- Could I get a cleaner or use home delivery services rather than use a trained carer?
- What is the average hourly cost of a carer in my area?
- How long do I want each care visit to last?
Planning paying for home care
You can create a financial plan for the year if you know how much care you are intending to have.
Let’s start by working out an example:
A person’s current needs are: help with bathing, dressing and some assistance with preparing a meal. This means they will require a couple of hours of care per day.
Two hours of home care per day, costing £25 an hour = £50 per day.
From this point, they can plan for the rest of the year.
Without taking into account increases for weekends and bank holidays, the cost of paying for home care will be:
- £350 per week
- £1,400 per month
- £16,800 a year
Should they require more intensive caring in the future, and decide to remain at home, the cost will increase. This increase will depend on how much more care they decide they want or need.
Cost of live in care
Live-in care is a good option for people with more complex needs, but would still like help and support to remain at home.
This type of care has a different fee structure than regular hourly paid home care.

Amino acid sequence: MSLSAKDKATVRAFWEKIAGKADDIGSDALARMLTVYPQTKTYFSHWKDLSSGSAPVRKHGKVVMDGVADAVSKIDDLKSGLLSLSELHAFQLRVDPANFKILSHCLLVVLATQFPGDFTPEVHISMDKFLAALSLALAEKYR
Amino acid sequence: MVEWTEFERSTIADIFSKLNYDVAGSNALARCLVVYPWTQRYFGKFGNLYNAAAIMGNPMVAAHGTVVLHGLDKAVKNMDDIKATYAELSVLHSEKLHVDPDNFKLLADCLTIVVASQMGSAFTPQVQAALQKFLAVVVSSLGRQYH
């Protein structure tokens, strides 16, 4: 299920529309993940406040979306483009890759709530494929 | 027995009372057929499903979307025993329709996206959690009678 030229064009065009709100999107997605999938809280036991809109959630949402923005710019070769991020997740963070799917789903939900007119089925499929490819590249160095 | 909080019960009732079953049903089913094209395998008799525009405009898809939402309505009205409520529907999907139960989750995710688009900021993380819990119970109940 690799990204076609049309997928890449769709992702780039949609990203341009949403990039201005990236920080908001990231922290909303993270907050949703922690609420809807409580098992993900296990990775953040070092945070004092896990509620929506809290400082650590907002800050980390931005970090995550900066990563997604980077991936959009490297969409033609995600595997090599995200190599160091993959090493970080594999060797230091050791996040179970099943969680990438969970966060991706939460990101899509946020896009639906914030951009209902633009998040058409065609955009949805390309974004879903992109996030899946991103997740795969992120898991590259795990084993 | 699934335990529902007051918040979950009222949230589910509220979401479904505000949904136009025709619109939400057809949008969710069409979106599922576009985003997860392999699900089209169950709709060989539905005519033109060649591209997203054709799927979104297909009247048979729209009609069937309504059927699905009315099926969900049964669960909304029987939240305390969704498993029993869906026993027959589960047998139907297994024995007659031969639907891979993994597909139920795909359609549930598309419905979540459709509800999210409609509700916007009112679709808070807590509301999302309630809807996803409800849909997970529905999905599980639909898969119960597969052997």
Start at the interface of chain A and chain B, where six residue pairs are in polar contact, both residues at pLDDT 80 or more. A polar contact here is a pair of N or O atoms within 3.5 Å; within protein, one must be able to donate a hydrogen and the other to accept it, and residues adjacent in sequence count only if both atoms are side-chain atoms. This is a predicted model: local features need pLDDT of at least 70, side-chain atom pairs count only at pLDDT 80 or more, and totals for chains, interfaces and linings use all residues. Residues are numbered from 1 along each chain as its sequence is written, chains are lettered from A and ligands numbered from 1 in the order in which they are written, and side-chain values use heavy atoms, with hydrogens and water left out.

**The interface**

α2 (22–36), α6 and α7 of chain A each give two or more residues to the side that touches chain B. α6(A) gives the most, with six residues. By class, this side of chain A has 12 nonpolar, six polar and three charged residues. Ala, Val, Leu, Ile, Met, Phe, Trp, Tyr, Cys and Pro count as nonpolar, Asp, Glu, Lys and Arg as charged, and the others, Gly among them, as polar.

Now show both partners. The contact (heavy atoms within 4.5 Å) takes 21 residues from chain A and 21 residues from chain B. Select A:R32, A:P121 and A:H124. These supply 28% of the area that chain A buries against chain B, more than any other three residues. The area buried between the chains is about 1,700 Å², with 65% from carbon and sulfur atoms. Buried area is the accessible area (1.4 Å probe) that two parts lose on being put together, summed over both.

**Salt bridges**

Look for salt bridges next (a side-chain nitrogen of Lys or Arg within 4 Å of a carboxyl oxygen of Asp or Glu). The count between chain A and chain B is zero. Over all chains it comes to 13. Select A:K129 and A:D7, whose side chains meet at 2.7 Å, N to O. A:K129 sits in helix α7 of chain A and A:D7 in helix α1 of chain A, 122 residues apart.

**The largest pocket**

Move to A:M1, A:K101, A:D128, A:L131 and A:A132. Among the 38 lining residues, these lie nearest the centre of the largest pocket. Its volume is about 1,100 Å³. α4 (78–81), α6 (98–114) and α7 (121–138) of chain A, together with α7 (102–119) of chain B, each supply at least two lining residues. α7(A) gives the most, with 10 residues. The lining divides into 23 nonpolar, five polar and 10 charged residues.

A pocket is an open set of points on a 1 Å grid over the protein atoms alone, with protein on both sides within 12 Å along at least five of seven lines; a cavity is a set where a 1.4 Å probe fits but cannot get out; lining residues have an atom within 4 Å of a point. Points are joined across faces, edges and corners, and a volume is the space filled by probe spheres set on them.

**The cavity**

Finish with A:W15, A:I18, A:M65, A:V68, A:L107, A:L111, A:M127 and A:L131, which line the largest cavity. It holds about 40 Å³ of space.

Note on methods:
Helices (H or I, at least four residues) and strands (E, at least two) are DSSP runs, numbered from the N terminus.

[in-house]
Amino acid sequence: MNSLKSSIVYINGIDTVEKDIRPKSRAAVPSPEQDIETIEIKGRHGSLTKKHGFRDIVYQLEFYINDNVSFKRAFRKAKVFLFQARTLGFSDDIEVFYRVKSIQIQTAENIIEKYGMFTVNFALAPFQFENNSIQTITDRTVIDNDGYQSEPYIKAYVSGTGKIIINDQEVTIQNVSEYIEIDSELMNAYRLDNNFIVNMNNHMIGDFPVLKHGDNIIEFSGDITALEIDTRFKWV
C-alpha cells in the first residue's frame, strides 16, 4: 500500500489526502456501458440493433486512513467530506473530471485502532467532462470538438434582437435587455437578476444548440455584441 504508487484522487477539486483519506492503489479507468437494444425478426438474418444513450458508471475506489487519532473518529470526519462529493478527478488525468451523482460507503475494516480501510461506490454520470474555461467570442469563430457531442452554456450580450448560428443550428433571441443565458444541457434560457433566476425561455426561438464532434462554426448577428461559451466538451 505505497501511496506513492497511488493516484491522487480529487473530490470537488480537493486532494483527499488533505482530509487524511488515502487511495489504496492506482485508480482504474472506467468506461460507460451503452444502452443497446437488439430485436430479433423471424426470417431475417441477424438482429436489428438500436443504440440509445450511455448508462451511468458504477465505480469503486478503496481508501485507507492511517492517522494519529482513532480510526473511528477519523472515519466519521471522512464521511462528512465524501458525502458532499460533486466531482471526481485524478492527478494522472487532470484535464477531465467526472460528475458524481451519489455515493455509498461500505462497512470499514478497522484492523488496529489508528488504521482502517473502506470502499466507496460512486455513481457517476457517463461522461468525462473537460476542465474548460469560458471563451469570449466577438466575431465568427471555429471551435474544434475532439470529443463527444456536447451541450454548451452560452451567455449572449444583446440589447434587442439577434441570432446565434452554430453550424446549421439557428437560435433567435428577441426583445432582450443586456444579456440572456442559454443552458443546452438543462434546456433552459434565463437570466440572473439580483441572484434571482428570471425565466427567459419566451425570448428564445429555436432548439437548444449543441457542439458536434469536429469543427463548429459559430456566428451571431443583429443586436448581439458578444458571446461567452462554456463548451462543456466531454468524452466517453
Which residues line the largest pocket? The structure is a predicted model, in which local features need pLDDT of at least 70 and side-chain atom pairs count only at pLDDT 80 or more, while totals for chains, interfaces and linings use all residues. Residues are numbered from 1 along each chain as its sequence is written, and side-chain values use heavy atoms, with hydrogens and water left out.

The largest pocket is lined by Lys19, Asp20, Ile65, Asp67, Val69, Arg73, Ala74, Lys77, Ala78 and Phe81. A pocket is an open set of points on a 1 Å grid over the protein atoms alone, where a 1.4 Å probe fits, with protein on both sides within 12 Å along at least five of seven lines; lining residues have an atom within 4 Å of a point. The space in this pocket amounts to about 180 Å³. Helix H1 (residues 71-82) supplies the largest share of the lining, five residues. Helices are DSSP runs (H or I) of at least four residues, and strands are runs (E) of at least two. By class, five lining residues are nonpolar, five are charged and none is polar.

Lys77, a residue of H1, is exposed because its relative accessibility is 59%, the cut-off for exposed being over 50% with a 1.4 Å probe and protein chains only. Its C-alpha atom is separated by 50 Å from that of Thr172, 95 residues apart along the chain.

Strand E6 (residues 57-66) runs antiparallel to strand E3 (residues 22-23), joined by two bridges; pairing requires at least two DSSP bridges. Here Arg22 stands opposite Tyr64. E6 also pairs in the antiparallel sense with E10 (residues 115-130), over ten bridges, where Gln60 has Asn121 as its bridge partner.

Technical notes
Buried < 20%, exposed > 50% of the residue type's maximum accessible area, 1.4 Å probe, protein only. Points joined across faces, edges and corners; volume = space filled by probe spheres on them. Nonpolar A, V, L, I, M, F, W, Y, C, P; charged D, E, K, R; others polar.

Live-in care fees are difficult to predict, as the levels of care vary from person to person.
They can start between £900 and £1400 a week depending on what requirements you have. The cost can rise up to £2000 per week for more intensive caring needs.
This also depends on what the care provider charges for live-in care.
Average cost of live-in care
To factor paying for live-in home care into your annual budget, here is our example, using an average fee.
A weekly average cost of £1400 for 24 hours a day live in care, works out to:
- £4,730 per month
- £56,760 a month
Means testing for home care
The structure of the means test looks like this:
If you have capital or savings of over £23,250
You will be self-funded and pay for your own home care.